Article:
Brown Tail Moth
Brown Tail Moth Caterpillars can be found in many trees and hedgerows. Larvae of this moth carry minute hairs which can cause serious skin and eye irritations if they come into contact with these areas. Large adult larvae may carry up to two million of these hairs.
They feed abundantly on the buds and young leaves of mainly rosaceous trees and shrubs, but will also attach other deciduous trees causing complete defoliation in a short period of time depending on the caterpillar density.
The Brown Tail Moth caterpillar is blackish grey in colour with tufts of ginger brown hairs. The most noticeable feature is the two orange spots near the tail.
The moths lay 200-300 eggs on the leaves of trees and shrubs in late summer. Small caterpillars hatch and start to feed on the leaves. During this period the larvae construct a conspicuous white silken tent, which is usually found on an exposed branch of the food plant. From 50-2000 individuals overwinter in each tent. In spring the caterpillars emerge from their winter homes and disperse over the foliage. They feed on the leaves until they are approximately 1.5 inches (3.5 cm) in length. At the end of the summer they moult, pupate and emerge as adult moths.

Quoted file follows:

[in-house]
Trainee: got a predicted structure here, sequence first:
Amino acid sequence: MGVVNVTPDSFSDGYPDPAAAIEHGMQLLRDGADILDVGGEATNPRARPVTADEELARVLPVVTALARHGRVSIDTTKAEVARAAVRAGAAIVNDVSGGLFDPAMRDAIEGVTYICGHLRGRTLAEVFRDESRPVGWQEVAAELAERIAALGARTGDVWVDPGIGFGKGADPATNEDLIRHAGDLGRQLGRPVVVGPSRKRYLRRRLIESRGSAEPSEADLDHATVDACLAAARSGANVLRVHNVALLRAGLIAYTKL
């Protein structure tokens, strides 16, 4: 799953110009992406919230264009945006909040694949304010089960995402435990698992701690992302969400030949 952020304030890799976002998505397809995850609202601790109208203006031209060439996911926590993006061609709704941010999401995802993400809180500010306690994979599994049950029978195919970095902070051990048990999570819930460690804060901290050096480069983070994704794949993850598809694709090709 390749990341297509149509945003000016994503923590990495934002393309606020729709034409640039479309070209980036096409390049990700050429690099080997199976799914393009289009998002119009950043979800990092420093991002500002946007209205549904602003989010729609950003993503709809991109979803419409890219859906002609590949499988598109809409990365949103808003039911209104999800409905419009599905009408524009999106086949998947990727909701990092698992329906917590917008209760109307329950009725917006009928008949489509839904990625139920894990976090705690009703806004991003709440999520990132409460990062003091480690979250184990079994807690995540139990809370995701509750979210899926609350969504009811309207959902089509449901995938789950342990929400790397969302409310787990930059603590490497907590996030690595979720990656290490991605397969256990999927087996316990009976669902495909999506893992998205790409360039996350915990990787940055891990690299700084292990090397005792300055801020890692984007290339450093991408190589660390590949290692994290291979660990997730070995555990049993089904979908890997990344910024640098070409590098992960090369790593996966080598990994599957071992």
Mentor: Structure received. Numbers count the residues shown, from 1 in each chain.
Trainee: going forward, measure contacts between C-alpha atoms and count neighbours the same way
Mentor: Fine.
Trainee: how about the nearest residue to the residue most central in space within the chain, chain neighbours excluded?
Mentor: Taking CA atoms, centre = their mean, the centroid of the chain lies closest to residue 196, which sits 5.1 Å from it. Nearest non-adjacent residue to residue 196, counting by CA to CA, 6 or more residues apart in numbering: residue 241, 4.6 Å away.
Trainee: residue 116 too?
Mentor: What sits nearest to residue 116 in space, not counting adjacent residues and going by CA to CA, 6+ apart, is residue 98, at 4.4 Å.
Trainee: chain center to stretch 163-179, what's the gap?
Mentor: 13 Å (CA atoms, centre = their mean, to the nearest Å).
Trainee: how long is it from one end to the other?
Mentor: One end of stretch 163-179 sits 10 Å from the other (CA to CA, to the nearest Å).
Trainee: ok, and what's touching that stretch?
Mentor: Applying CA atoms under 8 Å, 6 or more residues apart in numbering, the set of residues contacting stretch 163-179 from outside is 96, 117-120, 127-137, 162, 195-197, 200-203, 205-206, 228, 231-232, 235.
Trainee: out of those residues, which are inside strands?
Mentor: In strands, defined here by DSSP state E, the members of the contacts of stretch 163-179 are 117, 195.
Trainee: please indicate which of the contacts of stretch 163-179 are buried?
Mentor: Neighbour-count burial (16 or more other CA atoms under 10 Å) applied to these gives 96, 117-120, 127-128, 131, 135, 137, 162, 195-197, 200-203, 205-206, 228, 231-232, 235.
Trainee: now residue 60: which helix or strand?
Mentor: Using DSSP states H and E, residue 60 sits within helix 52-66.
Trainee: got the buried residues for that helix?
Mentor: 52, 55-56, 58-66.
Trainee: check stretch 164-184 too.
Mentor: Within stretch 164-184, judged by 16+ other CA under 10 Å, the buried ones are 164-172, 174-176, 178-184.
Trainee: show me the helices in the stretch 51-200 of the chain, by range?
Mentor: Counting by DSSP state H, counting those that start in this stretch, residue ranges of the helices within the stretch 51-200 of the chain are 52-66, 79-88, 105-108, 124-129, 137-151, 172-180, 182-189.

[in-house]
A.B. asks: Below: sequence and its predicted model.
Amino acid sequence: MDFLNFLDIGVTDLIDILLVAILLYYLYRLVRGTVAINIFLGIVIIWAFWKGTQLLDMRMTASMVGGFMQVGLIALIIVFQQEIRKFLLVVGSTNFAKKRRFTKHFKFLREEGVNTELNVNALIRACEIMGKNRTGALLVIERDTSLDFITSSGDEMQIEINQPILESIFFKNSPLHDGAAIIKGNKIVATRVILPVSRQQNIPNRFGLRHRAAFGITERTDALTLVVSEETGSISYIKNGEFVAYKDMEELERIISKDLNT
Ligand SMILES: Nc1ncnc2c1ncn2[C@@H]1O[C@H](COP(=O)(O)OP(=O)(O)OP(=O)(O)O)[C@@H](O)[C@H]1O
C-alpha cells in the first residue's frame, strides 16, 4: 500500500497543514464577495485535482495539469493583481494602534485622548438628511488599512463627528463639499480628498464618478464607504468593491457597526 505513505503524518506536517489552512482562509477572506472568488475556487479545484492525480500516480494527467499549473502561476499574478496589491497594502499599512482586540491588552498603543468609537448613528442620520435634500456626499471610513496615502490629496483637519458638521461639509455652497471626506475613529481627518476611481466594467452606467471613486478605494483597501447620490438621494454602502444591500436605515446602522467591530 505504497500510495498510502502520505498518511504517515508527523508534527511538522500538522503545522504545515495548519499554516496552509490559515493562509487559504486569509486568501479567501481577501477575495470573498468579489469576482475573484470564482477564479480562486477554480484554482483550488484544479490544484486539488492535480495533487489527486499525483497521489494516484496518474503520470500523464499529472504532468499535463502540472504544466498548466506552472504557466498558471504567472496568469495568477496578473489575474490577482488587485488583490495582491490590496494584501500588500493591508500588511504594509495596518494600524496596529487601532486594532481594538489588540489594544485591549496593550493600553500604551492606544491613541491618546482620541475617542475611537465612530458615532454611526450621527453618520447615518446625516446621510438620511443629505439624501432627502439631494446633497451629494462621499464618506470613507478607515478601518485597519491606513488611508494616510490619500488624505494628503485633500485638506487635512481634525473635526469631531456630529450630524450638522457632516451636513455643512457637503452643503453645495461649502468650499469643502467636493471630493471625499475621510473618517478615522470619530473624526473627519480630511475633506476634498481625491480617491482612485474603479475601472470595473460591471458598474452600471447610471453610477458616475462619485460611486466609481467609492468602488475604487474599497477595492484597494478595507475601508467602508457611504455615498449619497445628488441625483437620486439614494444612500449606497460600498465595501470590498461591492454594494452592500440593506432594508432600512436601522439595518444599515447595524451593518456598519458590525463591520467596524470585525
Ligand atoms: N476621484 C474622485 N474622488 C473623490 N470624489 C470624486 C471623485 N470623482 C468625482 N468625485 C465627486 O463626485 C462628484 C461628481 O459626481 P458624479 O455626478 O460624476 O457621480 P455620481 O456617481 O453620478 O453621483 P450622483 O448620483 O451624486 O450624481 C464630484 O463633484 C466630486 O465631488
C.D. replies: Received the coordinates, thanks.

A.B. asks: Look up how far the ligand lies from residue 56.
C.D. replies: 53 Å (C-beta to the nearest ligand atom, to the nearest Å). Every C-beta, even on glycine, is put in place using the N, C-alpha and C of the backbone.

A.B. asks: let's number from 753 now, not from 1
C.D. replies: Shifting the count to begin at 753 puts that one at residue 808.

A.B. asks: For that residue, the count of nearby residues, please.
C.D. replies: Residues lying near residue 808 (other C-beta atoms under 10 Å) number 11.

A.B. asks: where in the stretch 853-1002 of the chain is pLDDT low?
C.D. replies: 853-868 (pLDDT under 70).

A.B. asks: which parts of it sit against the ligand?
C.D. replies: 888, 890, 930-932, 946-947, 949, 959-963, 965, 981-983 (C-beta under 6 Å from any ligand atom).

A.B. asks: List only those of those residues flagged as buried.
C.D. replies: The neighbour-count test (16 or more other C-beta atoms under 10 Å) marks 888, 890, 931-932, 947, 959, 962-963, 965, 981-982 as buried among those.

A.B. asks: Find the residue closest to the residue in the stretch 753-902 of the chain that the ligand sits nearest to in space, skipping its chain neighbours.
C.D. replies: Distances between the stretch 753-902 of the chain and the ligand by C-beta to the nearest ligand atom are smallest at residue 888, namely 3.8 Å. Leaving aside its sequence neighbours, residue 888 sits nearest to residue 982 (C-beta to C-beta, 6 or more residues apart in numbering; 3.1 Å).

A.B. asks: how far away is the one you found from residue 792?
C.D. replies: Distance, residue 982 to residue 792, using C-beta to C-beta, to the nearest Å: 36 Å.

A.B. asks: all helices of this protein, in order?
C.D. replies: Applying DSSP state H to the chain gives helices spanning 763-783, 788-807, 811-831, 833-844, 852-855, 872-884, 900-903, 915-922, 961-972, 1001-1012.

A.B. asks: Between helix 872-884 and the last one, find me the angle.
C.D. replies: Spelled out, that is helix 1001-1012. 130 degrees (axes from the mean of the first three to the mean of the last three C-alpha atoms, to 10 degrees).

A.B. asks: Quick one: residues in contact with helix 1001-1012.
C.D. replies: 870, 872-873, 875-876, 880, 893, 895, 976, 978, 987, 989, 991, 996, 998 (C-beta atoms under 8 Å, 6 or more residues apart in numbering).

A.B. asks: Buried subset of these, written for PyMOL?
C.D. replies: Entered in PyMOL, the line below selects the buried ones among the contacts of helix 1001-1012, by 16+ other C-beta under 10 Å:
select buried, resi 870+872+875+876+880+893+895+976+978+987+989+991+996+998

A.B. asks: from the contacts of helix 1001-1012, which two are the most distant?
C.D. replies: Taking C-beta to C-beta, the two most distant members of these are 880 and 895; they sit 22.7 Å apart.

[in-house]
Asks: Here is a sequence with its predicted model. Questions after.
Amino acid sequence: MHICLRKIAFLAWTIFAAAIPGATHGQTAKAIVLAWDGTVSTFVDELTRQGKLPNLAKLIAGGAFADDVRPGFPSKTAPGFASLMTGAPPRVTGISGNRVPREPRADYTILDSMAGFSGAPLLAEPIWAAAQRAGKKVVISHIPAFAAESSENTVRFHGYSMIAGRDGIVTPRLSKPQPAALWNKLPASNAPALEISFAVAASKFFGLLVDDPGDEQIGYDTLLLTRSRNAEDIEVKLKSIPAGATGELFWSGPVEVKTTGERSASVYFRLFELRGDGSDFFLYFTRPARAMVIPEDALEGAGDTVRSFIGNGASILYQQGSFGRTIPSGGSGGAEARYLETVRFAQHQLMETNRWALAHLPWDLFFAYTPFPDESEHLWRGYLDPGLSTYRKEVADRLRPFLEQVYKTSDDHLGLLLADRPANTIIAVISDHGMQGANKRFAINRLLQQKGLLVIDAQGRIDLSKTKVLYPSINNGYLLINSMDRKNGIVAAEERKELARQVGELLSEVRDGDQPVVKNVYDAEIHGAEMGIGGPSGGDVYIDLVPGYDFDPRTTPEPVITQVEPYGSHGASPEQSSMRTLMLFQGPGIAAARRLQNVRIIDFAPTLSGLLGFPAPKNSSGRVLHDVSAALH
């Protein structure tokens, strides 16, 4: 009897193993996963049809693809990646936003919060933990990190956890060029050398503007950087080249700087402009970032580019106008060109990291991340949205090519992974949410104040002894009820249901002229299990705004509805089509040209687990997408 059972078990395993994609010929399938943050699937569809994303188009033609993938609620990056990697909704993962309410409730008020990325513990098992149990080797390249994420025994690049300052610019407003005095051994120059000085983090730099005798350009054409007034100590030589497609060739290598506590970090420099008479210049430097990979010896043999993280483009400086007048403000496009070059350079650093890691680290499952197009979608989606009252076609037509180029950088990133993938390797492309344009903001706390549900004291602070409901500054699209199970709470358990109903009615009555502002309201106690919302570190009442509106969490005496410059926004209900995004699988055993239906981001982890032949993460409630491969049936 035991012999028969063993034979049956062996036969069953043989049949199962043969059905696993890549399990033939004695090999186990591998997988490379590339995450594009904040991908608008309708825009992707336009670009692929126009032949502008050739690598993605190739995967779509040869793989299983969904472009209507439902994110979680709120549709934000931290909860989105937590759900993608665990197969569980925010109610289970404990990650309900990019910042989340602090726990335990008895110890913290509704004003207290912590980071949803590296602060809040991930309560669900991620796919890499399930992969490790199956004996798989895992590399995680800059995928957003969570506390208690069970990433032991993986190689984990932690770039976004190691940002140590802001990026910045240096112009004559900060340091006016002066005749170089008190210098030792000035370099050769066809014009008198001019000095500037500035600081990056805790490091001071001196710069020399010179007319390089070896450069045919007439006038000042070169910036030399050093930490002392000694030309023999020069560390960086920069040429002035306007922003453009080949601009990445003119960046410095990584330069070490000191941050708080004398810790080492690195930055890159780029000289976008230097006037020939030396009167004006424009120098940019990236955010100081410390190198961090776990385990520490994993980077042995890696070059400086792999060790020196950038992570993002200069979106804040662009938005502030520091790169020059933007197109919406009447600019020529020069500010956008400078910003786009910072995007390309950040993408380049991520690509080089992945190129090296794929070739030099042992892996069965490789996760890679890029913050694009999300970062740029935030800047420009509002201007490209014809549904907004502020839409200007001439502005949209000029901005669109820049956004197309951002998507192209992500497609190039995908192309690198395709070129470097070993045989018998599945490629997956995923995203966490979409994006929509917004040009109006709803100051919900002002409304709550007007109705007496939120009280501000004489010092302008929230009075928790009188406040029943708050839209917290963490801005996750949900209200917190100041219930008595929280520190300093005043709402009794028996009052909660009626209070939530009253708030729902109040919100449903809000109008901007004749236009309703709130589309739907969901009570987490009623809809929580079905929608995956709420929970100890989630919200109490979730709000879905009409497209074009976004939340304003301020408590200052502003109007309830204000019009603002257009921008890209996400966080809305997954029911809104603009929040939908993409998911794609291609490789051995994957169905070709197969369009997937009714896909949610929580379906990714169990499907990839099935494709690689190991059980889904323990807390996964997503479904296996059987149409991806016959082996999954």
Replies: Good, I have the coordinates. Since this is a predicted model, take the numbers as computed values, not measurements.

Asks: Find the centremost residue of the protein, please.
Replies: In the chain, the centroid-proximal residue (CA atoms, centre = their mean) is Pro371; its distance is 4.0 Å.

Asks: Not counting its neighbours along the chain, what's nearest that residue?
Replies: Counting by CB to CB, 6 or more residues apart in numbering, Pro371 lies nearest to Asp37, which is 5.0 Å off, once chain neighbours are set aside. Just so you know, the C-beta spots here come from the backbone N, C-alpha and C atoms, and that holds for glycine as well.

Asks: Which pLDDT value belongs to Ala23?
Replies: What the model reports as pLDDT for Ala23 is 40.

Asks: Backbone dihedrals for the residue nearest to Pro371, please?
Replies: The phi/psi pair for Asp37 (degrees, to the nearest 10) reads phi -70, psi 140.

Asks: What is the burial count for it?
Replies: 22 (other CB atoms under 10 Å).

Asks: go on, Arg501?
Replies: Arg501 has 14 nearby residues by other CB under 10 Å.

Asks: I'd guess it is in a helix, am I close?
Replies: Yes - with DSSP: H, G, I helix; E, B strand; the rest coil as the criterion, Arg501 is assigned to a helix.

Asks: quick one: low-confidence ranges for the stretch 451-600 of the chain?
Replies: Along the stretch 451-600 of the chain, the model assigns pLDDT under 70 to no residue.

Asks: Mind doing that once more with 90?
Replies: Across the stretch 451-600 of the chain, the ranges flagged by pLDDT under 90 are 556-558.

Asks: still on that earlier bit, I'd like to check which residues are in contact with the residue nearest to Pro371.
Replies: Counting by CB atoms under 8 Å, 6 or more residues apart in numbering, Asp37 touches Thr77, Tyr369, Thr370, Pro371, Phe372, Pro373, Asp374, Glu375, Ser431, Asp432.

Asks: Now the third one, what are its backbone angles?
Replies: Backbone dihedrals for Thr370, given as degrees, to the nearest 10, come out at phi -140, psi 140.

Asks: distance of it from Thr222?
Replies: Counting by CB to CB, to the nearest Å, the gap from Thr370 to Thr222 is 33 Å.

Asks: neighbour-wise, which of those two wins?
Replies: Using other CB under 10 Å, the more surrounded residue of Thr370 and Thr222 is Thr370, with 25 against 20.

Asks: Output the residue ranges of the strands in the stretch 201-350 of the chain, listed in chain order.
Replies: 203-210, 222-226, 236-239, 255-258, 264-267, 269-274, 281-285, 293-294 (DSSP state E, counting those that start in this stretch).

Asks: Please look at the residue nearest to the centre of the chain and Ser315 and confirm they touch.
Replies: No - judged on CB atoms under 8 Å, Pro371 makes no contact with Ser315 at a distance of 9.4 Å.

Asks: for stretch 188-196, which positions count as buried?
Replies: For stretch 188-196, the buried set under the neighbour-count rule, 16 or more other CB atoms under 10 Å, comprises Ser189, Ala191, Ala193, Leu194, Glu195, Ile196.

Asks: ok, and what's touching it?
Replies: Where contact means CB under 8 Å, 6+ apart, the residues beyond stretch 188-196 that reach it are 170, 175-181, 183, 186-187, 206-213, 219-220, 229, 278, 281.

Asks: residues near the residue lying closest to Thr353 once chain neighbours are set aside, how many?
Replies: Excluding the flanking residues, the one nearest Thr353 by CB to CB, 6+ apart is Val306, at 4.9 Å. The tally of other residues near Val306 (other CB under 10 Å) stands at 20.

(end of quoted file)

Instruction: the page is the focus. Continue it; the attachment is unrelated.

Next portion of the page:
Over the last few years the numbers of these moths has increased greatly specially in the southern parts of the U.K. They can defoliate large trees if they become established in large numbers. Avoid any contact or handling of the caterpillars. Keep windows closed near any infestation. People should seek medical attention if breathing problems occur or a skin irritation persists for more than a few hours. For any minor skin irritation use an antihistamine cream or calamine lotion.
The simplest way of controlling these caterpillars is to inspect your trees in the autumn and remove any tents that you find by pruning the twigs that they are on. The tents should preferably be burnt on site or place in a plastic bag and disposed of in your dustbins. Avoid disturbing the tents whilst removing them and ensure that you protect yourself by wearing gloves.
Contact pesticide sprays can be used for immediate treatment but this is unlikely to eradicate the infestation as the majority of caterpillars stay in the tents. Pesticides that stay active after application and rain are more effective. Good garden centres may be able to give advice on pesticides available.
Professional treatment can be carried out by our preferred contractor Monitor Pest Control. To get a quote and arrange treatment please contact them using the link below
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Points to remember:
- To Prevent these moths spreading cut out tents in Autumn/Winter months
- When dealing with the caterpillars or tents always wear protective clothing